Melissa Barker, aka The Archive Lady, shows you the best ways to preserve old family photo negatives with these amazing tips and tricks!
Brenda from Texas asks: “I have a few boxes of old negatives that belonged to my parents. I want to keep the negatives even if I have the photos that go with them. What is the best way to preserve these old negatives?”
Brenda asks a great question and one that I get all the time in the archives. Many genealogists find themselves with old negatives in their photograph collections and they just don’t know what to do with them. First and foremost, negatives should never be put with photos where they are touching each other. Over time, old negatives could start to develop a vinegar odor or start to warp. This is a sign that the film is deteriorating.
When working with negatives, always wear gloves. Just like photographs, film negatives are susceptible to the dirt and oils on our hands and if they get on the film negatives, they can be damaged. Always wear gloves when working with or handling photographs and negatives.
First and foremost, I would encourage Mary to get her negatives digitized. This can be done by purchasing a flatbed scanner that can scan negatives or you can seek out a company that handles digitizing negatives. This way, if something were to happen to the original negatives, the digitized copies will survive.
Store negatives in archival sleeves. These sleeves come in all different sizes and shapes to accommodate any size negative. (A list of archival supply stores is listed below where these archival sleeves can be purchased). These clear archival sleeves safeguard negatives from dust and scratches when they are being stored.
Once the negatives are on the archival sleeves, they need to be housed in a binder or box. It is up to you whether you use a binder or box. If a 3-ring binder is used, it is recommended that one that totally encloses the sleeves be used. Here is an example:
This binder will fully protect the negatives from any unwanted elements from entering during storage. These binders can be purchased at any archive supply.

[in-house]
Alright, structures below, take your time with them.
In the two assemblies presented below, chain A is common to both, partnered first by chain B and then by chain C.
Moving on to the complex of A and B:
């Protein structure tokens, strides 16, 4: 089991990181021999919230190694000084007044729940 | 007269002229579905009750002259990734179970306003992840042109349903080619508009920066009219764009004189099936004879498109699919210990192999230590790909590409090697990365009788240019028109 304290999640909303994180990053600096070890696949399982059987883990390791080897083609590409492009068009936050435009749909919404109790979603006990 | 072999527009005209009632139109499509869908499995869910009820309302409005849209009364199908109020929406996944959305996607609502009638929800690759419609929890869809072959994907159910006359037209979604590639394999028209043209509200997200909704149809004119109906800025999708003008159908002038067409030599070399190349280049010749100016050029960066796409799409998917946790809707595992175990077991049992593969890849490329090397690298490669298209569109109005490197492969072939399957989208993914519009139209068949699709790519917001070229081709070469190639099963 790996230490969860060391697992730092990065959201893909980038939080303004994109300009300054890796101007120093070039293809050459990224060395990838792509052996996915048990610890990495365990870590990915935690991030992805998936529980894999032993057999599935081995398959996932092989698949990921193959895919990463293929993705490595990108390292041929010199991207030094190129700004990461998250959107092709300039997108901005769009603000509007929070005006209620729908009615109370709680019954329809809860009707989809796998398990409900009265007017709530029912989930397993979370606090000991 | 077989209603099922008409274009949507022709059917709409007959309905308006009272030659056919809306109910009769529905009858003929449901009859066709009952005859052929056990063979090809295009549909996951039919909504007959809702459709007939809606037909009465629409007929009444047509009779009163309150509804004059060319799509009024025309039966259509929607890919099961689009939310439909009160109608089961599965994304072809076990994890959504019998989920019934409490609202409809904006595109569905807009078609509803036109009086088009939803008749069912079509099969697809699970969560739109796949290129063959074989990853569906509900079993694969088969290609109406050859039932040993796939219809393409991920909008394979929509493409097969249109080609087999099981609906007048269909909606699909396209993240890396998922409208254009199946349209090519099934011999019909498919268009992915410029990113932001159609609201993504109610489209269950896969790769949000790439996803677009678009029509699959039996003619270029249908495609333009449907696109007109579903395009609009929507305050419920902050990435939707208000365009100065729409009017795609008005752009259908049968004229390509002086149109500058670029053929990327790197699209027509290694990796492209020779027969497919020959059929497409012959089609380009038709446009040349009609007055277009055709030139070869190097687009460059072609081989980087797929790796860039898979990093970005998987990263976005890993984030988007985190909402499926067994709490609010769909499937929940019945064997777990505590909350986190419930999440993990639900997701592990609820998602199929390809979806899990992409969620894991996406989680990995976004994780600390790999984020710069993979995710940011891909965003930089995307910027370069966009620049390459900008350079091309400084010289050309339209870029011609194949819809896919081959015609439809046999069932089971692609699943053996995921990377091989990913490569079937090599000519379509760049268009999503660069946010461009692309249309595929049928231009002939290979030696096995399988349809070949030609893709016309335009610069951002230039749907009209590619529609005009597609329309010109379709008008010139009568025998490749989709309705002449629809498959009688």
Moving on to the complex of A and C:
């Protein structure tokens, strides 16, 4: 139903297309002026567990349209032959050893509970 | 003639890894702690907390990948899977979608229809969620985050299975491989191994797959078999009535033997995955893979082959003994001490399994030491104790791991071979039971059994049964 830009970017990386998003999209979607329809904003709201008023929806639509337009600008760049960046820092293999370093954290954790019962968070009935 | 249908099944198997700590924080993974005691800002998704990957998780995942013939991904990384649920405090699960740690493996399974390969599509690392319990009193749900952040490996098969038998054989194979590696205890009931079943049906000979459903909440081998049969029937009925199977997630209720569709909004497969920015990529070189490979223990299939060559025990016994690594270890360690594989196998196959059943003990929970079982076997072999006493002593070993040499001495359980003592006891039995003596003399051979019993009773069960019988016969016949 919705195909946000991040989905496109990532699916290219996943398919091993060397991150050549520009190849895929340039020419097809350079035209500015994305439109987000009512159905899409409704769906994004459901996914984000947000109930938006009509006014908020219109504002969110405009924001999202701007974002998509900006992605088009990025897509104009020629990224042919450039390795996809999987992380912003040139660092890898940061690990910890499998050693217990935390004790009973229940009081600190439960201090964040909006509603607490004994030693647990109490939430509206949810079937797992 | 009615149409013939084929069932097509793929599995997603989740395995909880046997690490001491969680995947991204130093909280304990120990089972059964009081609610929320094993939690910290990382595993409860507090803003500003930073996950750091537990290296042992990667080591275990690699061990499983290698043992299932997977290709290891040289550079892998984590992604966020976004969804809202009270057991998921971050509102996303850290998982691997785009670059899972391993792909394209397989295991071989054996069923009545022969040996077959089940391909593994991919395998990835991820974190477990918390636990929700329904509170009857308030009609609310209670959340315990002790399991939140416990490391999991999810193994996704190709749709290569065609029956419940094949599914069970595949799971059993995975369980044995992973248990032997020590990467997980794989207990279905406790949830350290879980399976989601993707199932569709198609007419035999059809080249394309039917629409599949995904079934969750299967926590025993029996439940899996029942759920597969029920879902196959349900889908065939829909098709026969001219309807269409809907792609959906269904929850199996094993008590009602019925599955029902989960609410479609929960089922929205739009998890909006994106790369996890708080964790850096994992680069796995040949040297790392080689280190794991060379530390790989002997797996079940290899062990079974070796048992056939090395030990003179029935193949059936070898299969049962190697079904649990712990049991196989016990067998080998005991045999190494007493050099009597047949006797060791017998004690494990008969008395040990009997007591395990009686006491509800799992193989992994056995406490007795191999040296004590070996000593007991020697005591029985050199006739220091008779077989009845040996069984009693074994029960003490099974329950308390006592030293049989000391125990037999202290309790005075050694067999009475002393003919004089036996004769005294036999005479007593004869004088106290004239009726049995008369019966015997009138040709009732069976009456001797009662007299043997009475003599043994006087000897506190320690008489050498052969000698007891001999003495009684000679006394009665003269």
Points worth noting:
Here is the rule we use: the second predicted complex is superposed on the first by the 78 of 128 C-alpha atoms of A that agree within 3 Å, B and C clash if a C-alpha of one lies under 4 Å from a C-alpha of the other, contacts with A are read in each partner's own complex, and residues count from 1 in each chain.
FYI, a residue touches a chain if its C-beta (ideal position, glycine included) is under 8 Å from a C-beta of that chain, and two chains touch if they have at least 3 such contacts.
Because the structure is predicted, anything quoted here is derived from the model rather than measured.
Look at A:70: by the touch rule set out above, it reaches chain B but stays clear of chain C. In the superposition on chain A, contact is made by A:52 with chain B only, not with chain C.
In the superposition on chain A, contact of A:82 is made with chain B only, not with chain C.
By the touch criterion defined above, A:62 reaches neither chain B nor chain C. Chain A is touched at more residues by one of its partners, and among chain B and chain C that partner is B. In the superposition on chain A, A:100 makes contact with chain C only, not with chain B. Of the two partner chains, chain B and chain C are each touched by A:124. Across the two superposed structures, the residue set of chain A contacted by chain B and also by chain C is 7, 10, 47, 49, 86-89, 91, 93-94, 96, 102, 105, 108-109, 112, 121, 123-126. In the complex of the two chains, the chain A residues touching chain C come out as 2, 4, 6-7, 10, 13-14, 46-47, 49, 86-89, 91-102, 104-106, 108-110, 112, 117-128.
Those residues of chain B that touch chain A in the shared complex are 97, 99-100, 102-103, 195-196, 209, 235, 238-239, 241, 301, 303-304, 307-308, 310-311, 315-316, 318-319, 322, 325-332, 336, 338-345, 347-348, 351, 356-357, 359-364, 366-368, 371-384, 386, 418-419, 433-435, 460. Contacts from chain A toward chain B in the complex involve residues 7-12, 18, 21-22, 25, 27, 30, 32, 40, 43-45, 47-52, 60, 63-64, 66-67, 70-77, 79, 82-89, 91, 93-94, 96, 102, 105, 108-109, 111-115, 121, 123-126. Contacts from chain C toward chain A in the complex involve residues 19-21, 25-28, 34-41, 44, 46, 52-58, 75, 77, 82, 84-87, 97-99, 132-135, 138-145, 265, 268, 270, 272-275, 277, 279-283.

Another storage option is to use boxes to store negatives. You could use a flip top box called a Hollinger box or you could use a box that is specifically for negatives. Using Hollinger boxes will require purchasing archival safe file folders to hold the archival sleeves so they can fit nicely in the boxes. This preservation method will give the negatives triple protection from the elements.
The most important aspect of archiving and storing negatives is to store them in a very cool place. Heat and humidity will quickly damage negatives and break down the chemicals in the material that makes up the negatives. Keeping all photos and negatives out of sunlight is also important. Not only will the sunlight damage the negatives by warping them but the sun will also wash out the image on the negative to where it cannot be seen any longer. Do not store any genealogical records, including photos and negatives, in attics, basements or storage areas where the temperature and humidity fluctuate.
If the negatives were processed and you have those photographs, it would be a good idea to keep the photos and negatives together. Be sure to not let them touch each other but storing them in the same box or binder would be a great idea.
Preserving negatives is just as easy as preserving our old family photos. Keeping the negatives, even if you have the actual photographs, is a smart step because if something were to happen to the photographs you could get use the negatives to get more photographs. Using the right archival materials and storing them in a cool, dry, and dark place will insure they will last for generations to come.
Online Archival Supply Stores
- Gaylord Archival: http://www.gaylord.com/
- Hollinger Metal Edge: http://www.hollingermetaledge.com/
- University Products: https://www.universityproducts.com/
- Brodart: http://www.brodart.com/
- Archival Products: http://www.archival.com/
- Light Impressions: http://www.lightimpressionsdirect.com/
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Melissa Barker lives in Tennessee Ridge, Tennessee. She is the Houston County (TN) Archivist and a Professional Genealogist. She writes the blog, A Genealogist in the Archives, and has been researching her own family for over 26 years. She lectures, teaches and writes about researching in archives and records preservation.
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